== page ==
Fourteen enactments of radical undoing by the acclaimed author of Leonardo's Horse and Plane Geometry and Other Affairs of the Heart. Reviews of unwritten novels, prefaces to fraudulent books, narratives of dictionary entries, and one interminable sentence, all written in a style as strewn with landmines as everyday speech. In "Samuel Beckett's Middlemarch" a scholar undertakes to reconstruct the deceased author's reputation after the discovery of a thousand page realist novel among Beckett's posthumous papers. The novel, about an idealistic young Englishwoman in a nineteenth-century village, is heralded by some as Beckett's broadest parody, decried by others as Beckett's dementia, but in the imaginary interval between modernity and tradition the scholar locates another Beckett of whom only Middlemarch can make an end. The spirit of Wittgenstein hovers low over these literary pratfalls where materiality proves the most artificial of abstractions and what goes without saying always leaves somebody up in the air. In "Knott Unbound" an office worker suspected of murder recalls feeling a pain but can't otherwise account for his time. "That the missing time should be missing from his life seemed, if you thought about it, the merest of accidents, like bad genes or rich parents, and the thought that Knott's well-being rested on nothing surer, nothing but the likelihood that his every second would follow the preceding with no break, all this struck him as fantastically irrational. How did humans abide it? But the world was a slave to such prejudices." In these fabrications reminiscent of Stein, Borges, and Sorrentino, Berry unsettles the grounds of narrating. In "Mimesis" a semi-literate surveyor struggles against metaphysical abandonment in a Florida swamp; in "Torture!" an anthropologist leaves his lifelong study of cruelty mysteriously unwritten; and in "A Theory of Fiction" a ruined man finds revenge in misrepresenting every injustice he's ever suffered. Nothing seems the matter. Everything appears to be wrong. From first word to last, these are fictions of impossible everydayness, where the telling of what's happening proves the unlikeliest feat of all.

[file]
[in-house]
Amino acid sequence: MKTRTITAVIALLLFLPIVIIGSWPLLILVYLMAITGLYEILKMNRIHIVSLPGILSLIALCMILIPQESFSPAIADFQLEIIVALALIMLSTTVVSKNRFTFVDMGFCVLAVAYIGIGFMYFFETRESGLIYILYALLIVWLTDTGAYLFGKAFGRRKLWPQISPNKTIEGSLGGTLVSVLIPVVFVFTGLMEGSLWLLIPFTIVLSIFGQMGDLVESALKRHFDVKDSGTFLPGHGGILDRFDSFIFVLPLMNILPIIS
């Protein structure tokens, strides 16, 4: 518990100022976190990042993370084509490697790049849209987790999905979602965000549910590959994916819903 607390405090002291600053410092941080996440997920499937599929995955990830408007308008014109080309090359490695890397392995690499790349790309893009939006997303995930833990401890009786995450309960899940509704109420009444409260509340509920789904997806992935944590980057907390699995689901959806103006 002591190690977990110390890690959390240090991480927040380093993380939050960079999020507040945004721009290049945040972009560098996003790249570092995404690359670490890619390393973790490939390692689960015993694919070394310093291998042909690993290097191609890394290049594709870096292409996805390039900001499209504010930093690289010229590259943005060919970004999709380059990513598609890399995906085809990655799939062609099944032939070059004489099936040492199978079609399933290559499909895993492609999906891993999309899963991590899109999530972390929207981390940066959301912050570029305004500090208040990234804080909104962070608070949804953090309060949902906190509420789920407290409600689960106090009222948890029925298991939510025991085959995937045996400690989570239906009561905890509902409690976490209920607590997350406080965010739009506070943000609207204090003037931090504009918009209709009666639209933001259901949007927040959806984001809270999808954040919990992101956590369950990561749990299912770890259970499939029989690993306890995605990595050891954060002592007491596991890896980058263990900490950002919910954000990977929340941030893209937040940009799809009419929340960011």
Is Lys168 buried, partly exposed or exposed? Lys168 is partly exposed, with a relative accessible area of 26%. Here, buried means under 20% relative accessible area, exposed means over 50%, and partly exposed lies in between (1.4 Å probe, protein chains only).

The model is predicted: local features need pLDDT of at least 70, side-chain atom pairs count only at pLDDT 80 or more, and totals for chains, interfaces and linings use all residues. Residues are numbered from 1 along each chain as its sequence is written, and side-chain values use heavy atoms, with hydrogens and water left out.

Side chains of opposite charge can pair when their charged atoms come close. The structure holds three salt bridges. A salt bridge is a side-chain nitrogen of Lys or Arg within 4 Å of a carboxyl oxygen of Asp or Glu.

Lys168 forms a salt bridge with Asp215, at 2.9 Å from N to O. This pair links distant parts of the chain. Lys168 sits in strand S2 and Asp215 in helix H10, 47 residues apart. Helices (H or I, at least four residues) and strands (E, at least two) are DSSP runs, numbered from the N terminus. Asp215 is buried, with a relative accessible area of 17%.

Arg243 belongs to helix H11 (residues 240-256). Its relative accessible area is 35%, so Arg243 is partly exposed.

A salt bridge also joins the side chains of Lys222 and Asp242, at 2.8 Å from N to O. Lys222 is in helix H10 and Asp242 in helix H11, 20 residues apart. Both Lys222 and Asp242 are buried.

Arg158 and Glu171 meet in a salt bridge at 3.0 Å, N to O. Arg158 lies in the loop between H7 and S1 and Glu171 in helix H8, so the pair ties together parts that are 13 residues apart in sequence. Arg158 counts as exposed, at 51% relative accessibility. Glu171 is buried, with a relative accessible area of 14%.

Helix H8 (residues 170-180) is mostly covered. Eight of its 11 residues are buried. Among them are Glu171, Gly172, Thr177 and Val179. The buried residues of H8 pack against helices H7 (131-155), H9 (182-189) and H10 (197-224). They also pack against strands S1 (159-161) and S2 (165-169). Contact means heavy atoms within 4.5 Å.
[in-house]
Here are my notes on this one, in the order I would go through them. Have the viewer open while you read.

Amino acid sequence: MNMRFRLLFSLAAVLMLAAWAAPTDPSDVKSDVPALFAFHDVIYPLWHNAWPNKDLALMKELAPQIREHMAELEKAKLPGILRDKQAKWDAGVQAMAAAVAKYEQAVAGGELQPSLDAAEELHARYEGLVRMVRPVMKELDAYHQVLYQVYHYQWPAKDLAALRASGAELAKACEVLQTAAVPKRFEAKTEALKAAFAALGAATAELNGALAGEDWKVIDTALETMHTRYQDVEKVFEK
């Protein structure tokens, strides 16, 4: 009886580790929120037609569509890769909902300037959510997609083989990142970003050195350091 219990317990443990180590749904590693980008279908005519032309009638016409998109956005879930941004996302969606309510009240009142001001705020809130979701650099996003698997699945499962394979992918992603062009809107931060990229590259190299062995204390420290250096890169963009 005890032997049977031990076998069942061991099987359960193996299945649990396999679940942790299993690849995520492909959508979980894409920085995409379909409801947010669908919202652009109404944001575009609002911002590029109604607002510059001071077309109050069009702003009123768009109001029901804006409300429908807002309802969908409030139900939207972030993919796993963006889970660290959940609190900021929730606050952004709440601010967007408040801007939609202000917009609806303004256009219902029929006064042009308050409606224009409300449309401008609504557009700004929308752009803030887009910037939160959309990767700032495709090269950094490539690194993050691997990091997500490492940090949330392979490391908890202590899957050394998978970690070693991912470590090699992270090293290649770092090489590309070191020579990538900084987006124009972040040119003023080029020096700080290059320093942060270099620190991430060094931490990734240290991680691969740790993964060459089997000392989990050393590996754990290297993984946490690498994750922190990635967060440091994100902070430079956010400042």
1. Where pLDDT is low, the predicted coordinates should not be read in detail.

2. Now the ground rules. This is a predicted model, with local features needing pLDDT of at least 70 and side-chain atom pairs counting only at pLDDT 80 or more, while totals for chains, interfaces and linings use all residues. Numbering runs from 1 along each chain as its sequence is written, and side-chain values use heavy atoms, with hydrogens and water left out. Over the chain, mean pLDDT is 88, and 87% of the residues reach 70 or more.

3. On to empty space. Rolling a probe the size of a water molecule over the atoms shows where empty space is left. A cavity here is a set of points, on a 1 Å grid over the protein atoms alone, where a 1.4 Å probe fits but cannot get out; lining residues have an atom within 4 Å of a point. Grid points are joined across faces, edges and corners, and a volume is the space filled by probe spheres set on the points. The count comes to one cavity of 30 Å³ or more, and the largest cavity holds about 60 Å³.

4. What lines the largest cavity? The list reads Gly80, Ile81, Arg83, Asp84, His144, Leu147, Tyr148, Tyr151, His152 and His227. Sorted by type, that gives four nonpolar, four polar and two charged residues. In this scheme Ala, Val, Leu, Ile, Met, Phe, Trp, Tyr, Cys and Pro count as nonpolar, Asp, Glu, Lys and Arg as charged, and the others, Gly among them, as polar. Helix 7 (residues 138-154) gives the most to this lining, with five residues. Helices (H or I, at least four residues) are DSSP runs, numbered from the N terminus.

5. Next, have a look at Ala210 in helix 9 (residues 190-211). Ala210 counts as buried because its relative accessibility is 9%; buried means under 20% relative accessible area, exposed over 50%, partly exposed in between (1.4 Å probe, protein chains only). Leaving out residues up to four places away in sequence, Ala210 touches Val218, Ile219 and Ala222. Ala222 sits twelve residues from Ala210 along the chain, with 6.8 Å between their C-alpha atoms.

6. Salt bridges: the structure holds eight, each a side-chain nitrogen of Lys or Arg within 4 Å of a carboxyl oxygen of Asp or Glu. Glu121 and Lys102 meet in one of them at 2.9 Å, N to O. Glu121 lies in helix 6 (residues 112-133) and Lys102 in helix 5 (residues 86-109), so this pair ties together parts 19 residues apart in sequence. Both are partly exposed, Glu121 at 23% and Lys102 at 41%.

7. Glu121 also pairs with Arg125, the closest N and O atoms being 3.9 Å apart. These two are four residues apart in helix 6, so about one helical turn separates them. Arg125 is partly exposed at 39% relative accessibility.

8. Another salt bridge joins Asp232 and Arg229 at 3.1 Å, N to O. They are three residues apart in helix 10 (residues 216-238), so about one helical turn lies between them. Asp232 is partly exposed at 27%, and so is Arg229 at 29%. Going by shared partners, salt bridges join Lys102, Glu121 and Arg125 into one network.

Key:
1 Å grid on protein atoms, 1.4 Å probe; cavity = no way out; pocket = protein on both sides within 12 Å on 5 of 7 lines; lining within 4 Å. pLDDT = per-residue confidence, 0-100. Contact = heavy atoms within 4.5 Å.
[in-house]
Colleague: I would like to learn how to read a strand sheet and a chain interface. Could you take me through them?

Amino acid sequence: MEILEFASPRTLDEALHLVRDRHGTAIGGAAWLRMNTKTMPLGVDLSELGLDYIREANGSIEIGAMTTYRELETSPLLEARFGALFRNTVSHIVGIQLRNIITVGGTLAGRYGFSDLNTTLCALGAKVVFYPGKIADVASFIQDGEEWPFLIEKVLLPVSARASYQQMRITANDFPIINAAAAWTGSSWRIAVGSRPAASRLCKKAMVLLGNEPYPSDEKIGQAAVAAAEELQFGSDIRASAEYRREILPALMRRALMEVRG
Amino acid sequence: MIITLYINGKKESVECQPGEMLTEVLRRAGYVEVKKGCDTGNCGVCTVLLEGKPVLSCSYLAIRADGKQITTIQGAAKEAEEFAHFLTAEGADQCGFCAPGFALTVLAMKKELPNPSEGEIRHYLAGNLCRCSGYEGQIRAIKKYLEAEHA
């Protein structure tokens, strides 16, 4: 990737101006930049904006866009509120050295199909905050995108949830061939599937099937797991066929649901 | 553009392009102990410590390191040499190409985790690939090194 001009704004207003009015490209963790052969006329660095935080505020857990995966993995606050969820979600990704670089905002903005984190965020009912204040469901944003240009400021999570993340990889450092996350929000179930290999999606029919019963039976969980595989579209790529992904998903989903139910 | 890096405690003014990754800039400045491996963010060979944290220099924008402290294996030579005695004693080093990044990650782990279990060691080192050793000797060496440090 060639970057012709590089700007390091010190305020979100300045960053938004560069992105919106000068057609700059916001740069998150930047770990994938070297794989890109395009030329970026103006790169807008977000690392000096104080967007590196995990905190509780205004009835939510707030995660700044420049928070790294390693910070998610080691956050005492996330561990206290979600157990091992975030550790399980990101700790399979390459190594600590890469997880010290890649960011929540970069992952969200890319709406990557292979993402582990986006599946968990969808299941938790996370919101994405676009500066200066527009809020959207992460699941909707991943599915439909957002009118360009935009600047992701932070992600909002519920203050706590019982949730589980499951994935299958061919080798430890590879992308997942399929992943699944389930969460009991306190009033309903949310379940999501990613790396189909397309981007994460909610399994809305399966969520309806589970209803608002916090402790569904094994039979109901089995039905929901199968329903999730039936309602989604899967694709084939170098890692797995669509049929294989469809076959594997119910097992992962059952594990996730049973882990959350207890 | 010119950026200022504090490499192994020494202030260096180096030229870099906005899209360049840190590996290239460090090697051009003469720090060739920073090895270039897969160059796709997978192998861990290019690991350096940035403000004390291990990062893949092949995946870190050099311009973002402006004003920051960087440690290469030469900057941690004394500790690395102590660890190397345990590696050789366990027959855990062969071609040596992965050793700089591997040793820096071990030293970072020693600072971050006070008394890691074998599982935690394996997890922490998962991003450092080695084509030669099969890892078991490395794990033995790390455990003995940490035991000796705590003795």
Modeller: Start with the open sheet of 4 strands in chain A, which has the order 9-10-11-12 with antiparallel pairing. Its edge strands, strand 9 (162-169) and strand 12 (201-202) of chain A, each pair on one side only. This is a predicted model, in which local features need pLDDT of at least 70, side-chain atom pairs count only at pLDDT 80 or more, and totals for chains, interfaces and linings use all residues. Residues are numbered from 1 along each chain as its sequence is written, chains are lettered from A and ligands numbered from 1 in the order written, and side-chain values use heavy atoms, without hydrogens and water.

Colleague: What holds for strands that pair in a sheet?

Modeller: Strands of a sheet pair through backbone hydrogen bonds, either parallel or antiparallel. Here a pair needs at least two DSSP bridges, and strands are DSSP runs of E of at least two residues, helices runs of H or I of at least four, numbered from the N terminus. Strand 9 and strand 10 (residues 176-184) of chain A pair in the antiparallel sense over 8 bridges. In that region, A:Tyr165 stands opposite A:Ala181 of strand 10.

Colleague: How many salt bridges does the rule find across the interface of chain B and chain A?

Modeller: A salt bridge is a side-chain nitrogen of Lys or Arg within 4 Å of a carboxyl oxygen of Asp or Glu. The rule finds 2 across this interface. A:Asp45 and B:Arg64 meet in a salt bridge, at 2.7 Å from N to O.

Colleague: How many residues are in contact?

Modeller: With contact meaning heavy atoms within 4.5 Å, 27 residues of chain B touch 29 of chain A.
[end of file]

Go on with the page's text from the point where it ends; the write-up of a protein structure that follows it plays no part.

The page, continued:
In a tone at once comic, gothic, and deceptively pastoral, the stories in this collection continue the tradition of Hawthorne, Poe, and James—Americans pursuing a dialectic with Europe—but in a late 20th century context. Constance Pierce's character's, with their fetishes for food and property, hide their eyes with daydreams, hallucinations, and enormous feats of rationale in their longing to return to the happy normal state they tell themselves they once enjoys but which likely never existed at all. Subtly questioning their characters' illusions and nostalgia, these stories, set in such territory as World War II Germany, the French countryside, and Long Island Sound, address the often nebulous relationships between private and public life, old and new ideas, fantasy and reality.